A novel non-invasive model to predict high-risk varices in cirrhotic patients
Editorial Commentary

A novel non-invasive model to predict high-risk varices in cirrhotic patients

Kelvin K. C. Ng ORCID logo

Department of Surgery, The Chinese University of Hong Kong Medical Centre, Hong Kong, China

Correspondence to: Dr. Kelvin K. C. Ng, MBBS, MS, PhD, FRCSEd(Gen). Department of Surgery, The Chinese University of Hong Kong Medical Centre, 9 Chak Cheung Street, New Territories, Hong Kong, China. Email: kkcng95@gmail.com.

Comment on: Zhang X, Song J, Zhang Y, et al. Baveno VII algorithm outperformed other models in ruling out high-risk varices in individuals with HBV-related cirrhosis. J Hepatol 2023;78:574-83.

Keywords: Non-invasive; model; high-risk; varices; cirrhosis

Submitted Feb 21, 2024. Accepted for publication Apr 15, 2024. Published online May 22, 2024.

doi: 10.21037/hbsn-24-102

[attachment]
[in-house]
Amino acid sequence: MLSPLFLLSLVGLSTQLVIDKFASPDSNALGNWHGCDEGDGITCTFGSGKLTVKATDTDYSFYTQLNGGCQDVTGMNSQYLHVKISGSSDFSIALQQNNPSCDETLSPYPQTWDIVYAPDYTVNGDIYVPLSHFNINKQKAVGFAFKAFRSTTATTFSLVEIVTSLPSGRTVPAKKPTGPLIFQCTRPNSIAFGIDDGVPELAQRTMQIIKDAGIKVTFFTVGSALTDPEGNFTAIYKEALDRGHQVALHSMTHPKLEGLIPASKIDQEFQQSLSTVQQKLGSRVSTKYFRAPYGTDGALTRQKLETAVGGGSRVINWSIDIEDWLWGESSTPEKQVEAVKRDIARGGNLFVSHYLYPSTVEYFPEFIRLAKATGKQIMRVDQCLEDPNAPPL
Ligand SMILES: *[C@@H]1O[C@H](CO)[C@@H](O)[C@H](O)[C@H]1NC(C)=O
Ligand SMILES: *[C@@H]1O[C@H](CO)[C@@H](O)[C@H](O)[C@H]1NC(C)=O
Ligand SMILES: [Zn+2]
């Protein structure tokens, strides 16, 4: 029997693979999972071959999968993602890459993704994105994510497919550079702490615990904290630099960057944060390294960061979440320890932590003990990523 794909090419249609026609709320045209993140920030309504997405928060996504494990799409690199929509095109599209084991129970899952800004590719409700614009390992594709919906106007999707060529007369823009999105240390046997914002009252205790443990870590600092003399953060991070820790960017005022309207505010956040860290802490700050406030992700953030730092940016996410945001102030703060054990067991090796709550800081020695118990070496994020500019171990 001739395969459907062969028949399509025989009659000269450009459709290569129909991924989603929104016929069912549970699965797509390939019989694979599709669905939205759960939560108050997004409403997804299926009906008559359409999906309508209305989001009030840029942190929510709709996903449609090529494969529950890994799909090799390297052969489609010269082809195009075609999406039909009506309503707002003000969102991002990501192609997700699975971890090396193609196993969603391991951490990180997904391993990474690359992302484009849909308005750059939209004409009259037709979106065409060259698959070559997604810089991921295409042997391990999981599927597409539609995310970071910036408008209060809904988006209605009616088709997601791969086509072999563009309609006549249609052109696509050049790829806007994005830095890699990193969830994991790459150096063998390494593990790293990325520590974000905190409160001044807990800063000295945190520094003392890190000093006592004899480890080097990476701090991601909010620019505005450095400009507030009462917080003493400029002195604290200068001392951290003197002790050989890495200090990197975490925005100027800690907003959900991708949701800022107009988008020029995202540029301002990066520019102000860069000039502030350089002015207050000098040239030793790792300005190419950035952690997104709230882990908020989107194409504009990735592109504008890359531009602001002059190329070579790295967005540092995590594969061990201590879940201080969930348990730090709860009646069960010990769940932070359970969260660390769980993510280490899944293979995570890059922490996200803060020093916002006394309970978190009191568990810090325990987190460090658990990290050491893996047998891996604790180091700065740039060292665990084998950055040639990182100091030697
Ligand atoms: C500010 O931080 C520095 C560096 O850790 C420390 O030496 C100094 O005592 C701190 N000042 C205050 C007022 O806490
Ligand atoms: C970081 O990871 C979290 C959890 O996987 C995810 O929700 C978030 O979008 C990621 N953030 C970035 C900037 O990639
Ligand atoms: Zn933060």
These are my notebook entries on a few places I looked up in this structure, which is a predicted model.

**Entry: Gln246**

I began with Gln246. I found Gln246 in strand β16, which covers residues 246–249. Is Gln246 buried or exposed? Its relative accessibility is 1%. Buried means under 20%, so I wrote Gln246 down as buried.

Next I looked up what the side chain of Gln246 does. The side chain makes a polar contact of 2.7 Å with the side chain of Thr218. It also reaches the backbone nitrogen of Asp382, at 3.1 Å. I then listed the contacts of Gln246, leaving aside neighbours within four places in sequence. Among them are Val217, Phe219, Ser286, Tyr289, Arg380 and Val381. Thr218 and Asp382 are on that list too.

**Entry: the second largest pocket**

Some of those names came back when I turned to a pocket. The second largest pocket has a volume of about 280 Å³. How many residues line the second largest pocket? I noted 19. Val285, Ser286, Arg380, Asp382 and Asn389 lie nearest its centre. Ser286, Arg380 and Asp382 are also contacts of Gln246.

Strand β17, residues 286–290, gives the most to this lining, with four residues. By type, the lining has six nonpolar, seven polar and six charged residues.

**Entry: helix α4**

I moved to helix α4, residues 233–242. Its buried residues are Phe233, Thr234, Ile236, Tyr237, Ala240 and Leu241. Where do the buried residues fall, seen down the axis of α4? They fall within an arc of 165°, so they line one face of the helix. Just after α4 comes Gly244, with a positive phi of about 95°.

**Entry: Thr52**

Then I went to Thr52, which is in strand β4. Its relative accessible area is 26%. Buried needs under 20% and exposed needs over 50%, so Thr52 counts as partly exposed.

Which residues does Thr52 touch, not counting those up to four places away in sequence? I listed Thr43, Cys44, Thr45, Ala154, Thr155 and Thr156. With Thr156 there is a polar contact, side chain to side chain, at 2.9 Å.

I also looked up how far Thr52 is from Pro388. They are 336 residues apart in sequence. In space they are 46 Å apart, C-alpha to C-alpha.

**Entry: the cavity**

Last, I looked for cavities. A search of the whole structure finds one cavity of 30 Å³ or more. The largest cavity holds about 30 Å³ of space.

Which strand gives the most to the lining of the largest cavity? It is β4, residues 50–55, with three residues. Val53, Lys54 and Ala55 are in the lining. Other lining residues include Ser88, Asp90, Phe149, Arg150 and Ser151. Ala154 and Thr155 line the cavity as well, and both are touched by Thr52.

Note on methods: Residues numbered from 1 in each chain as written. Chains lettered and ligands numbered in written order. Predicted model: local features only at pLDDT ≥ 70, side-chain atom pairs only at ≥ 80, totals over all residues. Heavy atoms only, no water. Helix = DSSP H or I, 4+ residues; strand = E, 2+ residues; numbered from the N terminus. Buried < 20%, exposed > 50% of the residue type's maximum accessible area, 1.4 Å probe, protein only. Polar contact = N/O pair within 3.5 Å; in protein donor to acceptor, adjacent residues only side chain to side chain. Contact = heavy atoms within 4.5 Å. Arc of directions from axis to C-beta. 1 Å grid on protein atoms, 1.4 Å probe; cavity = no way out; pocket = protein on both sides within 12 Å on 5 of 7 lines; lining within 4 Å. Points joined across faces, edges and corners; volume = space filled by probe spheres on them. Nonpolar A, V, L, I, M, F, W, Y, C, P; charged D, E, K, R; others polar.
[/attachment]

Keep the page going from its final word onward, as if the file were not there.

Acute variceal bleeding is one of the most common and potentially life-threatening complications in patients with liver cirrhosis. It is conventionally diagnosed by oesophagogastroduodenoscopy, which is invasive to patients and carries hospital costs. It would be more cost-effective if non-invasive tests could screen out high-risk patients who developed acute variceal bleeding requiring endoscopic treatment. That can potentially reduce the need for invasive procedures for cirrhotic patients. In recent years, there have been advancements in non-invasive methods for assessing the risk of variceal bleeding. These include transient elastography (FibroScan) of the liver and spleen, platelet count, imaging modalities [ultrasound or magnetic resonance imaging (MRI)], and non-invasive liver function tests [Child-Pugh score or the Model for End-Stage Liver Disease (MELD) score]. The 2015 Baveno VI consensus is developed by an international panel of experts to improve the diagnosis and management of portal hypertension and its complications, specifically focusing on variceal bleeding in patients with cirrhosis (1). The consensus emphasizes using noninvasive methods to screen out high-risk varices (HRV) requiring therapeutic endoscopy. The key features of the Baveno VI criteria include a liver stiffness measurement (LSM) <20 kPa and a platelet count >150,000/mm3. It can confidently rule out HRV. It has been proven to avoid unnecessary endoscopy up to 40% with a specificity of up to 46% (2). In recent years, spleen stiffness measurement (SSM) has been a useful tool to assess portal hypertension and to predict HRV. Hence, the revised Baveno VII consensus in 2022 recommends SSM ≤40 kPa would avoid more unnecessary endoscopy in patients who fall outside Baveno VI criteria, with a missed HRV rate of <5% (3).